The foamed blood passes into defoamer 42 at the upper portion thereof, near edge 47 of diverter 44, and is retained in defoamer 42 as it passes radially and downwardly therethrough for a sufficient time to allow for adequate defoaming. With this design, most blood exits defoamer 42 below the blood level in the reservoir, keeping turbulence in the reservoir to a minimum. A suitable vent 60 is provided in the upper housing 16 for the venting of the gases (principally CO2 and excess O2) from defoamer assembly 14.
As previously mentioned and as best seen in FIG. 3, the admixing of the blood and oxygen occurs in mixing chamber 24, which is defined by diffuser head 32, lower retainer cap 41 and the circumferential inwardly convex portion 56 formed in the lower region of housing 54. Portion 56 also forms a seat for lower retainer cap 41, which in turn serves to separate beads 38 from mixing chamber 24. Thus, all of the essential elements of oxygenator unit 12 are located within central housing 54.
A flange 64 (see FIG. 2) is provided to accurately position housing 54 within lower housing 18. Flange 64 extends upwardly from the bottom of the housing around the bottom of diffuser chamber 30 and has an outside diameter slightly smaller than the inside diameter of the lowermost edge of housing 54. In addition, both parts have inwardly extending shoulders 63 and 62, respectively, which mate to provide means for preventing relative rotational movement between lower housing 18 and oxygenator housing 54. As will be discussed in greater detail hereinafter, the mating configuration of the lower part of housing 54 and flange 64 are important structural features to maximize the efficiency of the heat-exchanger of the present invention.
As previously stated, heat-exchange unit 22 is designed to occupy substantially the entire lower portion of blood reservoir 20. To accomplish this, unit 22 is constructed from a vertically stacked array of individual coils 66 formed from continuous tubing. The tubing is wound in a spiral whose pitch is such as to provide a free space between convolutions of each coil of about 1/32 inch (0.79 mm.).
Since the limiting factor in the efficiency of the heat-exchanger of the subject invention is the heat transfer coefficient of the blood film, and not that of the material of which the heat-exchange coils 66 are fabricated, substantially any fluid impervious material which is compatible with both blood and the heat-exchange fluid may be employed. Suitable examples of such material include stainless steel, polypropylene, polyester, polyethylene, polystyrene, polytetrafluoroethylene and polyurethane. In a presently preferred embodiment, the coils are constructed of polyethylene tubing having an outer diameter of about 0.25 inch (0.635 cm.) and a wall thickness of about 0.02 inch (0.05 cm.). The thickness and diameter of the tubing may be varied as desired and will depend on the material of construction, but the thickness should be sufficient to withstand water pressure of the order of at least about 25 p.s.i. (1,760 g./cm.2). A suitable range of tubing diameter for the presently preferred (high density) polyethylene tubing is an outer diameter of from about 0.125 inch (0.315 cm.) to about 0.5 inch (1.27 cm.), while wall thickness is desirably between about 0.01 inch (0.025 cm.) and about 0.025 inch (0.0635 cm.).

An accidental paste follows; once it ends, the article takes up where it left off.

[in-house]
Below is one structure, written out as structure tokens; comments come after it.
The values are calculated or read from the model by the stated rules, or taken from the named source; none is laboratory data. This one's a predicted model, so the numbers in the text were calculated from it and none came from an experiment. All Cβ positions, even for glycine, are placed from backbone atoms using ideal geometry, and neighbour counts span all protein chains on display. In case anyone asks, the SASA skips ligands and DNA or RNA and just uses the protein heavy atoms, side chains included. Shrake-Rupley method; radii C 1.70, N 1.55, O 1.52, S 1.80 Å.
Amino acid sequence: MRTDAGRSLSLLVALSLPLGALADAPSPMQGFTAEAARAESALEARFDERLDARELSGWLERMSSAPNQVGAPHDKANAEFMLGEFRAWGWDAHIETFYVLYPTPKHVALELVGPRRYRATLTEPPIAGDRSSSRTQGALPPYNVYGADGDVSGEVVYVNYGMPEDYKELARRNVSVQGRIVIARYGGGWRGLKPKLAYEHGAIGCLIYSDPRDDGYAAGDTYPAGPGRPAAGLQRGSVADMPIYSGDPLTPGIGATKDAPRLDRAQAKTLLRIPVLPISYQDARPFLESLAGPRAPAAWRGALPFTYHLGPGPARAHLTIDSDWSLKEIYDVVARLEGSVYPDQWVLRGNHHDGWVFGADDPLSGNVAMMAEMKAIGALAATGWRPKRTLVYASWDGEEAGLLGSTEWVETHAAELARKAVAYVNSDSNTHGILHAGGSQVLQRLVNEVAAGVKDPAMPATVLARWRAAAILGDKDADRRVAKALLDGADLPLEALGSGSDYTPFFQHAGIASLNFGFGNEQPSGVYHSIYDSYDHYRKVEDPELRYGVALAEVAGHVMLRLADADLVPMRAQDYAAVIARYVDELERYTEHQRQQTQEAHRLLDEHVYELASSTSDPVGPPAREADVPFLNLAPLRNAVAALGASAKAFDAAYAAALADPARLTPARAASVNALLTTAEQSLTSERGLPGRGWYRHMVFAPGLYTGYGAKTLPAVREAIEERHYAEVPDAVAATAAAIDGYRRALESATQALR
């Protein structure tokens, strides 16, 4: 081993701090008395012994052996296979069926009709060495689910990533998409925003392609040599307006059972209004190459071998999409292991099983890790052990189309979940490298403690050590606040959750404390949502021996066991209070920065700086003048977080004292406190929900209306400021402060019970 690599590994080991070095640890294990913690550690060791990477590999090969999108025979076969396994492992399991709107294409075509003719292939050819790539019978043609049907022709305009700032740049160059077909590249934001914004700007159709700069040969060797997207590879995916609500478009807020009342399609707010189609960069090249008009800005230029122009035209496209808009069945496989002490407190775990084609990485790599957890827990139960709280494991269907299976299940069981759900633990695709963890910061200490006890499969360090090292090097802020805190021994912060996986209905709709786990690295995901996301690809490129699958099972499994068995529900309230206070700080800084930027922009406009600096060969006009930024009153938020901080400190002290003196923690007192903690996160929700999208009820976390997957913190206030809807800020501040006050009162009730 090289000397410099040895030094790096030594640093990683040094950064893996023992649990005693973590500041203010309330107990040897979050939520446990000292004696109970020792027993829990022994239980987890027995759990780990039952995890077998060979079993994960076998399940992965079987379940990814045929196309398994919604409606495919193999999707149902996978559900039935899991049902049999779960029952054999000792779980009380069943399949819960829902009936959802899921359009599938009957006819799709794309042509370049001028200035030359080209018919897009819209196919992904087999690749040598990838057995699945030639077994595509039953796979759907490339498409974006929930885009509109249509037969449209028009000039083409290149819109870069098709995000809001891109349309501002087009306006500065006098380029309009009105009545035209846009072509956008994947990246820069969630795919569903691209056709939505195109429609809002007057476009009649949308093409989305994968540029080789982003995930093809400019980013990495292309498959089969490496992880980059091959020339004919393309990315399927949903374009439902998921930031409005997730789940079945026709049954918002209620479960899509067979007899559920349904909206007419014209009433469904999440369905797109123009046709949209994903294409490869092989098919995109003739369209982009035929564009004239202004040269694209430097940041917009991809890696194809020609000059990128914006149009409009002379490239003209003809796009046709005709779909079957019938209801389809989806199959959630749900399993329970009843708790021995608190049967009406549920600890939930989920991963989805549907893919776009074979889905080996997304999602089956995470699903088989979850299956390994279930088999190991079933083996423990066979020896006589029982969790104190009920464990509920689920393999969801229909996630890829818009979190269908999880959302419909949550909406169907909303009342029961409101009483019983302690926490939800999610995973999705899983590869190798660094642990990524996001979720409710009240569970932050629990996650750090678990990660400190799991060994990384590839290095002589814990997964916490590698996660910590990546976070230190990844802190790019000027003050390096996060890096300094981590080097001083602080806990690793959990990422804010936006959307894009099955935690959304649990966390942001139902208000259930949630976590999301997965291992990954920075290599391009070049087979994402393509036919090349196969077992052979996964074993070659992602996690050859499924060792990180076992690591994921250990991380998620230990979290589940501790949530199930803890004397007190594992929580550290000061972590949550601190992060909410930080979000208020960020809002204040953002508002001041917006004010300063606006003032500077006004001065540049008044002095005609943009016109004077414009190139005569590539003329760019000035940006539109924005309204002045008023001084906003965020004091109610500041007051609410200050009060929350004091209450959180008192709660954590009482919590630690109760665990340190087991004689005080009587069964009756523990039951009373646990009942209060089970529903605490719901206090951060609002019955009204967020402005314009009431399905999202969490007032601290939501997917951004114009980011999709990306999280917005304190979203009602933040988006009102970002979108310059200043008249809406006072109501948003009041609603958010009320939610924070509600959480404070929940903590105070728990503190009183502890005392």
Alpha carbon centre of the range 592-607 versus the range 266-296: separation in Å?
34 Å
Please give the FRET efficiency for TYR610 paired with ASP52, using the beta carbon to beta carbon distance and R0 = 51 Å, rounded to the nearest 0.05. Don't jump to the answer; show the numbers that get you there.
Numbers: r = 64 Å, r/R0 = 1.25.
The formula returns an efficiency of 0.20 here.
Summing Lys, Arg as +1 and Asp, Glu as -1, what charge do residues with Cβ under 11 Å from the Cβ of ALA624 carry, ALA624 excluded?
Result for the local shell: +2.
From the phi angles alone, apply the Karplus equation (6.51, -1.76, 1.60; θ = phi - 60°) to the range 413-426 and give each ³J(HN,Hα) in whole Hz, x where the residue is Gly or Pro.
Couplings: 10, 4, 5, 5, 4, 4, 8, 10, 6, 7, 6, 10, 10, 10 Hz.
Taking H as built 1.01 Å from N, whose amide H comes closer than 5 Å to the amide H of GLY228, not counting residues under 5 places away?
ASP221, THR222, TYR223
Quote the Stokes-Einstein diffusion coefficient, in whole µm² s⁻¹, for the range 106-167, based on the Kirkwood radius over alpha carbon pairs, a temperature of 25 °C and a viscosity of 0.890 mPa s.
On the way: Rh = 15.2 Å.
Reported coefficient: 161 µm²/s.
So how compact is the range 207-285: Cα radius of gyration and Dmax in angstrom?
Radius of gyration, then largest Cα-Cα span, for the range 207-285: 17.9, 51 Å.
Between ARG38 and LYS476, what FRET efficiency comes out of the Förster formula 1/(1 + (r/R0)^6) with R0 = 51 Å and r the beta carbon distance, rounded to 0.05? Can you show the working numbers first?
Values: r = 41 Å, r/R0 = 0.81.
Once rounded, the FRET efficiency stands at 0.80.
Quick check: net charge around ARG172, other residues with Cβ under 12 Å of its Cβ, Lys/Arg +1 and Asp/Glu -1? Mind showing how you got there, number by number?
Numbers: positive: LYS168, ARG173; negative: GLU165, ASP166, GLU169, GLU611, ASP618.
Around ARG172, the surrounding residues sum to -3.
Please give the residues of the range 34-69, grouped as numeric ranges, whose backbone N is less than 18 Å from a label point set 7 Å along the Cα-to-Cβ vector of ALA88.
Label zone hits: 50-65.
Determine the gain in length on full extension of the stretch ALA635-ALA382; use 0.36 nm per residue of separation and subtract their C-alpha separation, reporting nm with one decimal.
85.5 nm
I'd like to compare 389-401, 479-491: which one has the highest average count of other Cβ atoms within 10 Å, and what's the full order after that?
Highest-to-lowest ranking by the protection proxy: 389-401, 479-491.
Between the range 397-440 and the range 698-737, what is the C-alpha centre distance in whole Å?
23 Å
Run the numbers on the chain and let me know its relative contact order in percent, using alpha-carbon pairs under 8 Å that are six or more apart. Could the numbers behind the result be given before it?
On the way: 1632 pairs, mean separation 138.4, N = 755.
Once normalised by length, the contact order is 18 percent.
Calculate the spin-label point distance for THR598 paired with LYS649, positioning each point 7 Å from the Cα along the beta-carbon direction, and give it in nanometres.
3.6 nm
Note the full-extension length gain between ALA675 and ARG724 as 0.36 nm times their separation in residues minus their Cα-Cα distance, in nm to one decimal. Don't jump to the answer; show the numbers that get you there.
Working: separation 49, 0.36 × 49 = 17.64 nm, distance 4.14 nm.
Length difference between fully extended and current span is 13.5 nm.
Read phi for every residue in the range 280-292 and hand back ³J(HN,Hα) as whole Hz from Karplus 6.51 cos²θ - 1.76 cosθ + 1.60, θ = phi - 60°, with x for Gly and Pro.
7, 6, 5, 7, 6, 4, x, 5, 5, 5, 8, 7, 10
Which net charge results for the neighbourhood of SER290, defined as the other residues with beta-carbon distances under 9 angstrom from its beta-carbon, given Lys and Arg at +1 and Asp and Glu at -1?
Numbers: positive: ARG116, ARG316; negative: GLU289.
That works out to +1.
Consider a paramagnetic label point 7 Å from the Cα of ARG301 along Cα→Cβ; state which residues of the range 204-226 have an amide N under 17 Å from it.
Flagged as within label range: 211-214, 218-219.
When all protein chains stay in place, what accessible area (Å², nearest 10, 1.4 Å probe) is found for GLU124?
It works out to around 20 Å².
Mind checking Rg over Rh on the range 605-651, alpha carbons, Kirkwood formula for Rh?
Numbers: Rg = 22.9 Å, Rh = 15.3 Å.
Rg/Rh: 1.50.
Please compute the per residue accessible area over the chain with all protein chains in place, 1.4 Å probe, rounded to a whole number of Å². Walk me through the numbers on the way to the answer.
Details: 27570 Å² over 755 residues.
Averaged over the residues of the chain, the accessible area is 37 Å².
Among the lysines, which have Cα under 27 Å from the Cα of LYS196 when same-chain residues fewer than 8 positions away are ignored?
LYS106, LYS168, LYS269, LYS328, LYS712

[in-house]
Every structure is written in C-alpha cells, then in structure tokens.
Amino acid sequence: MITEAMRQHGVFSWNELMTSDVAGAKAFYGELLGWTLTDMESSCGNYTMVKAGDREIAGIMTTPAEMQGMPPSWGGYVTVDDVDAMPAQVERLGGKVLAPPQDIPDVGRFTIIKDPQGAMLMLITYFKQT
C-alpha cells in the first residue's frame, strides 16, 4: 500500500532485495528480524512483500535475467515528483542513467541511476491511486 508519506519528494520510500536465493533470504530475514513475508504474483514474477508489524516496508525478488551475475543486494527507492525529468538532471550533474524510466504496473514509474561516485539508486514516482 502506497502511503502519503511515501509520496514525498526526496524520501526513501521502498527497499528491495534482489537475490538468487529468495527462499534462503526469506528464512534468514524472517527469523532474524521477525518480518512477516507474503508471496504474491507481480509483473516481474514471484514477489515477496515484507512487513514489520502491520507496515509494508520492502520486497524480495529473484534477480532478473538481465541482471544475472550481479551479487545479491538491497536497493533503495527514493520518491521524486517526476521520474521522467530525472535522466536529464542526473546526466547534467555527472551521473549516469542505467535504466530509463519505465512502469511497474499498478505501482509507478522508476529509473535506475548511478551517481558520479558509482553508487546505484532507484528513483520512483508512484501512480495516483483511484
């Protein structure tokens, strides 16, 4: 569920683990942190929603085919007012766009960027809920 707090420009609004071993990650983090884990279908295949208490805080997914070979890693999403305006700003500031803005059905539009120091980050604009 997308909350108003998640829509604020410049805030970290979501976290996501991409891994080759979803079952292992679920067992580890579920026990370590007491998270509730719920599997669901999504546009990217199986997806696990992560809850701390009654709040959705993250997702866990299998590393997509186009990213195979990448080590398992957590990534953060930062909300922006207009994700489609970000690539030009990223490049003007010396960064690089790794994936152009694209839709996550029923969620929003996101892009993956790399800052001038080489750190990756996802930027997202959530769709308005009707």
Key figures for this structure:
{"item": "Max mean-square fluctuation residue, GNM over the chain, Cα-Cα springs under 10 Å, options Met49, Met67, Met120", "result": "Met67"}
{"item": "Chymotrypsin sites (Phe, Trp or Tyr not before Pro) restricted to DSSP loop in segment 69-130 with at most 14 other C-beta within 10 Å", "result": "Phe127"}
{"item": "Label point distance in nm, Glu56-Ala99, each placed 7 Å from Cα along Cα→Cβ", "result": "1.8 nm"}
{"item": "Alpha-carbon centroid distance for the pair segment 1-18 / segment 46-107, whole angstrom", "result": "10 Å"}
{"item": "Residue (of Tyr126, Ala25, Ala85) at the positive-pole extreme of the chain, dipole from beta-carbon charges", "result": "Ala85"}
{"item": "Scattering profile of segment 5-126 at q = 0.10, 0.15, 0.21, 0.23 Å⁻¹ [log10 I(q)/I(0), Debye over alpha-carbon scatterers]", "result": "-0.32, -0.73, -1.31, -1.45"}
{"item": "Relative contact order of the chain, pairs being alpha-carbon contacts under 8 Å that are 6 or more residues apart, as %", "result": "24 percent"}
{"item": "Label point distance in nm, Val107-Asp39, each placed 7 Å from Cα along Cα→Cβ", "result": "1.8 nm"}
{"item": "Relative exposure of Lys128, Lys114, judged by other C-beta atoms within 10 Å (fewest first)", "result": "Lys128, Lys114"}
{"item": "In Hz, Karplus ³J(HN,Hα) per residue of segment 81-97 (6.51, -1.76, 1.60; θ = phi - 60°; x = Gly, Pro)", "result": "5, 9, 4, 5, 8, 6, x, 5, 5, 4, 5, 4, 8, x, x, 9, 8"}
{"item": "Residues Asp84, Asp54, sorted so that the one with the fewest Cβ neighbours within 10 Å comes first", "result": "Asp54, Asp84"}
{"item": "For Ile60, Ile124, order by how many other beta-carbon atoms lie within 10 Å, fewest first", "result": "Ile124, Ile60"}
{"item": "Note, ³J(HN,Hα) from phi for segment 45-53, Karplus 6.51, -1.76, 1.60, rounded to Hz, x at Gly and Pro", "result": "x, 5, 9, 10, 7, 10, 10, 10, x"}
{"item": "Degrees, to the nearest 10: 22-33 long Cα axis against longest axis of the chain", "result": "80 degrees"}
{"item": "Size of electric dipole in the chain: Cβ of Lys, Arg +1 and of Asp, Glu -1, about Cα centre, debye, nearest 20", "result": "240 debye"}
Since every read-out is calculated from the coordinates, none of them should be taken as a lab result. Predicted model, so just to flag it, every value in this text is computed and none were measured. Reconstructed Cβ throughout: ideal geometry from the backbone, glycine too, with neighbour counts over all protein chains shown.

As shown in FIGS. 2-6, risers 68 and 70 lead from the flat, substantially horizontal coils 66 to heat-exchange fluid inlet and outlet manifolds 72 and 74, respectively, located externally of the interface between housings 16 and 18 of artificial lung 10. Thus, as best shown in FIGS. 1-3, housings 16 and 18 are separated by a spacer ring 76 and are provided, at their open, mating ends, with outwardly projecting rims 78 and 80, respectively. Spacer ring 76 forms a resilient gasket between the housings and is preferably made from a blood compatible material, such as silicone rubber.
Sets of ears 82a extend outwardly from upper housing 16, and downwardly opening notches 83a are provided in the ends of the ears for receiving the upper edges of manifolds 72 and 74. Similar ears 82b extend outwardly from lower housing 18 and have upwardly opening notches 83b for receiving and mating with the lower edges of the manifolds.
Manifolds 72 and 74 are essentially identical in construction and are adapted to receive the ends of risers 68 and 70, respectively. The risers pass through openings 90 formed in a generally axial direction through the wall of spacer ring 76, and each riser is secured and sealed at its end to a fitting 92 (FIG. 8) attached to its respective manifold. Referring to FIG. 8, a riser 70 is shown secured firmly at its end 70a, within fitting 92 which is, in turn, integrally connected to manifold 74. Fitting 92 includes a threaded male boss 92 secured to the manifold, an internally threaded mating female lock nut 94 and an O-ring 95 positioned between boss 93 and lock nut 94. O-ring 95 is designed to contract radially inwardly when lock nut 94 is turned relative to boss 93 to securely clamp riser end 70a within fitting 92 and to form a seal around the periphery of the riser. As stated above, all risers 68 and 70 are similarly secured to their respective manifold at a location external from housings 16 and 18.